Sunday, July 19, 2020

Zelkova Serrata #1 - Japanese Zelkova

This tree was gifted to me by a local resident reducing their collection in 2019.

Summer of 2019
Early Spring 2020, before bud-break

Early Spring 2020, after structural pruning

Mid-Summer 2020

Mid-Summer 2020 after pruning

Mid Summer 2020 - Early Wiring to set new growth
July, 19th, 2020 - The tree has some flaws, mainly the super straight low trunk which would only truly lend itself to a broom style, so that is likely what I will be doing. The wiring out of the tree helped me view where the tree's apex should be - the skinny wired branch about halfway up will be the new main trunk line. Next winter, I'll do another heavy structural prune and remove the top of the tree above that point. The tree also needs some root work done to it so, I will be repotting the tree into a shallower growing container.. I will possibly need to ground layer the tree if the roots are really bad or don't work with the currently planned front of the tree. I may eventually Ebihara the roots if I go this route. The trunk is thick enough to hold a screw and board.

Sunday, July 12, 2020

Nameless Void - Nameless Void

Nameless Void's sole self titled release is yet another example of the dominance of cosmic atmospheres and existential nihilism that is so pervasive within the black metal / noise genres. The shift towards this deeply personal and individualistic attempt at fear and bleakness, at turning the spotlight on the insignificance of our lives by the measurements of cosmic phenomena and events, an ontological extremism in contrast to the overplayed angles, is ever more abundant in recent releases, it seems. By all comparisons Nameless Void is extreme in it's effect: unsettling, surprising, harsh, and depressing. There are no complaints from me at all along these fronts and the tape is successful in achieving it's goal of blatant unacceptable auditory terror coupled with its thematic displeasure.

Yet, If I may be so controversial in my assessment, there is no such thing as extremity any longer. The unintentional desensitization of the masses has reached it's zenith to a point where it is essentially impossible to create something which has the potential to impact the emotions of a listener so thoroughly that the mark remains an indelible scar on the psyche. Gone are the days when Black Metal was still something dangerous to discover, when Metal had a congressional target on it's back, and when a single hip-thrust ruined the innocence of a generation of women. To think, in terms of sexuality, there hasn't been anything so extreme as Elvis' lower half having to be cropped from TV in the modern era. Somewhere in the vast expanse of the cosmos is a TV signal which has the potential to destroy the procreation rituals of distant life forms; a human male butt in white leather pants shaking with a cultural lethality on par with that of a sniper's bullet.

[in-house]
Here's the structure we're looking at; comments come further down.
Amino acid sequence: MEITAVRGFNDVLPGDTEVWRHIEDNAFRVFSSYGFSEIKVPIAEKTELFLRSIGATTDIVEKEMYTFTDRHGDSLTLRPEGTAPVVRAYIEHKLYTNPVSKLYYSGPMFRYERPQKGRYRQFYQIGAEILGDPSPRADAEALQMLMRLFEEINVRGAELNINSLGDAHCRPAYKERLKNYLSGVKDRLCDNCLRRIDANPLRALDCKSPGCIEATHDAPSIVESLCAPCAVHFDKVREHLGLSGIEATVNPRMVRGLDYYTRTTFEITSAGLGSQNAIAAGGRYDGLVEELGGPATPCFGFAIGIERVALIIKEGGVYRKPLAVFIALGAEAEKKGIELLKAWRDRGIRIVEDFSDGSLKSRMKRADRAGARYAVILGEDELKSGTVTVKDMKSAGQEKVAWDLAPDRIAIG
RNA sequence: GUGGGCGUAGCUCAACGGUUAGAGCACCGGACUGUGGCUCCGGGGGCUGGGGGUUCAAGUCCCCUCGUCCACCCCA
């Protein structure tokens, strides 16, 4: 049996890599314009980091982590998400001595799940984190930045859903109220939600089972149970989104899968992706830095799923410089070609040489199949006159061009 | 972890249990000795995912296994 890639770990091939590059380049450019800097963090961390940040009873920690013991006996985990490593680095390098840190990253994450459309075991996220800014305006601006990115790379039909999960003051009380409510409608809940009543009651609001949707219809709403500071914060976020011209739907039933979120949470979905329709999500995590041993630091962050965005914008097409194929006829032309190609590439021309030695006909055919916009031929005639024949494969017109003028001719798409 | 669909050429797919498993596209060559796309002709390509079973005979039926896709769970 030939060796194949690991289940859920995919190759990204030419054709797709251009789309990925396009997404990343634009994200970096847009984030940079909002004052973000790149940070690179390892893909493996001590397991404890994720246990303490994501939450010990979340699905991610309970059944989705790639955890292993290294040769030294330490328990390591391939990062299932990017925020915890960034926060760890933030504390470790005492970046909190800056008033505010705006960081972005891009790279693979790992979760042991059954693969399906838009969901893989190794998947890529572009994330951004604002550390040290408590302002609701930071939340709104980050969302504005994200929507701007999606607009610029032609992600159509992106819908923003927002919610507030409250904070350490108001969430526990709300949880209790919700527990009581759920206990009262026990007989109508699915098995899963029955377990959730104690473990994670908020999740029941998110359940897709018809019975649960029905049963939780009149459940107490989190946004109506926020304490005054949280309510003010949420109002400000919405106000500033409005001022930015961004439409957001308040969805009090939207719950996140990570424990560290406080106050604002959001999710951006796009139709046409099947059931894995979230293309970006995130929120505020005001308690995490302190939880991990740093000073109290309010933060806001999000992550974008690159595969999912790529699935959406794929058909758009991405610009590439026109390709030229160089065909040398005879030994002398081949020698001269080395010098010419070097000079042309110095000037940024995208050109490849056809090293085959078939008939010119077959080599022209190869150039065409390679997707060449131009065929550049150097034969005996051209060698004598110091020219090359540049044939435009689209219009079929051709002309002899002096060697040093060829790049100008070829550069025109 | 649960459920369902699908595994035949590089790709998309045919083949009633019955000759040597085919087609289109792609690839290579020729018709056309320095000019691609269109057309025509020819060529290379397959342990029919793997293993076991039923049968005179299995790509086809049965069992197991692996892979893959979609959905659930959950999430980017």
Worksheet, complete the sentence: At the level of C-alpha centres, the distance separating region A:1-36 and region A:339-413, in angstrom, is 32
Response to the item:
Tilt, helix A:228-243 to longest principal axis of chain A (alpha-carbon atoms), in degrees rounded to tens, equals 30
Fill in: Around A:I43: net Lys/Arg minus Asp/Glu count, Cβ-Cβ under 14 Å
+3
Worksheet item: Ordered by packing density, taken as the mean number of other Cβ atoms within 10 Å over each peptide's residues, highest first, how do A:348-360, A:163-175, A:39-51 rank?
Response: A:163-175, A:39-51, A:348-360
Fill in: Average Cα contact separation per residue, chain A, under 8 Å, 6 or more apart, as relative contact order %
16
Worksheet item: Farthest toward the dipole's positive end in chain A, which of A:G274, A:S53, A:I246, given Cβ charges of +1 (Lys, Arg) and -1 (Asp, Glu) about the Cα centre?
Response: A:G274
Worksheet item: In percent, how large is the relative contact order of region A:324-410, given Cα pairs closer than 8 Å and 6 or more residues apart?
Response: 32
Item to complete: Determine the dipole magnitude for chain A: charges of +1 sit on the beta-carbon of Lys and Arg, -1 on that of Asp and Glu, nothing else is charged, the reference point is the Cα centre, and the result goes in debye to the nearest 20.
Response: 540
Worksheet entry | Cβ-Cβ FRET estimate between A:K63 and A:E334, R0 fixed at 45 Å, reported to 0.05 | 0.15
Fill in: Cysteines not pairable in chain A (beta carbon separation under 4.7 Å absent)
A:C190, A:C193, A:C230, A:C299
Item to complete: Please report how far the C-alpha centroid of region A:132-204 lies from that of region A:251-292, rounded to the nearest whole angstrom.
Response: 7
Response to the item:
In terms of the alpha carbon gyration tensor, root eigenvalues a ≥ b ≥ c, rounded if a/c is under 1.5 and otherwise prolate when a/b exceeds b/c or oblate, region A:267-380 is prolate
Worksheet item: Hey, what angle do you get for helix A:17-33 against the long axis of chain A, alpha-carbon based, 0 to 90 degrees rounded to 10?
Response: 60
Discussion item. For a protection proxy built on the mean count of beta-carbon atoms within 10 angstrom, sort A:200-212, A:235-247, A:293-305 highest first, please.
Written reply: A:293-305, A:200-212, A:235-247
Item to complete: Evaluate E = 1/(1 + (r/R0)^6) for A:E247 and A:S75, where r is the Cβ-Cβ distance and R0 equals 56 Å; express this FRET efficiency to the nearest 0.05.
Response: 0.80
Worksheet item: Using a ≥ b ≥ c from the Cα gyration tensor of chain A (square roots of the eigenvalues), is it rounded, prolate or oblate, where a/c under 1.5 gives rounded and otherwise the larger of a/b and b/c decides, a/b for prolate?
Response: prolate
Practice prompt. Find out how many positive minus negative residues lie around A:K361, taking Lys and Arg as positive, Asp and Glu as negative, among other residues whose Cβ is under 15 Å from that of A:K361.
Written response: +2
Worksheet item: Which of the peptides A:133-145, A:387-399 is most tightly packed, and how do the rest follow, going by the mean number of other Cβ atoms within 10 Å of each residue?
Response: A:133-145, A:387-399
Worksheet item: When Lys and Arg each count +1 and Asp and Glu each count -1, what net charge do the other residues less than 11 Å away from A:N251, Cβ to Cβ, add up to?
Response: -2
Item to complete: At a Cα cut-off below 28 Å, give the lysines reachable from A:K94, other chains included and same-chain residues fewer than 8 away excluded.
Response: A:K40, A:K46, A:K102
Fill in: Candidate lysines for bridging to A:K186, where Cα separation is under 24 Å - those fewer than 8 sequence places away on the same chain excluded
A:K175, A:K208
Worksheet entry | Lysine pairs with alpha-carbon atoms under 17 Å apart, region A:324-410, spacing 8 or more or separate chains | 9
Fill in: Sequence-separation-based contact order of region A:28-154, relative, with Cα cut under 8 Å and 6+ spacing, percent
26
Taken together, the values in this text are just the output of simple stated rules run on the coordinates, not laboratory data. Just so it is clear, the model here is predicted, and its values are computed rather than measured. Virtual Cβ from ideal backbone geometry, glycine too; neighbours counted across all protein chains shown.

But Nameless Void does a good job of creating ominous and tense cosmic atmospheres through a thoroughly balanced approach and were I to play any of these three songs for eighty-five percent of listeners, they would surely be uneasy to be in close proximity with me for the rest of their life. For laymen, most of this effect comes from the sections of war-metal blasting, but I find the gritty tonality from the synths which crawl over everything like a large spider to carry the main dreadful weight. Similar to Vessel of Iniquity's recently reviewed eponymous demo tape, Nameless Void combine the same basic ingredients, but where Vessel of Iniquity allowed the ambient, atmospheric elements to lay submerged, here they take precedence. Drumming is extremely distant, vocals are a flange-laden roiling slime where they survive, and the synths are the major foundational force for the music supporting the song structures.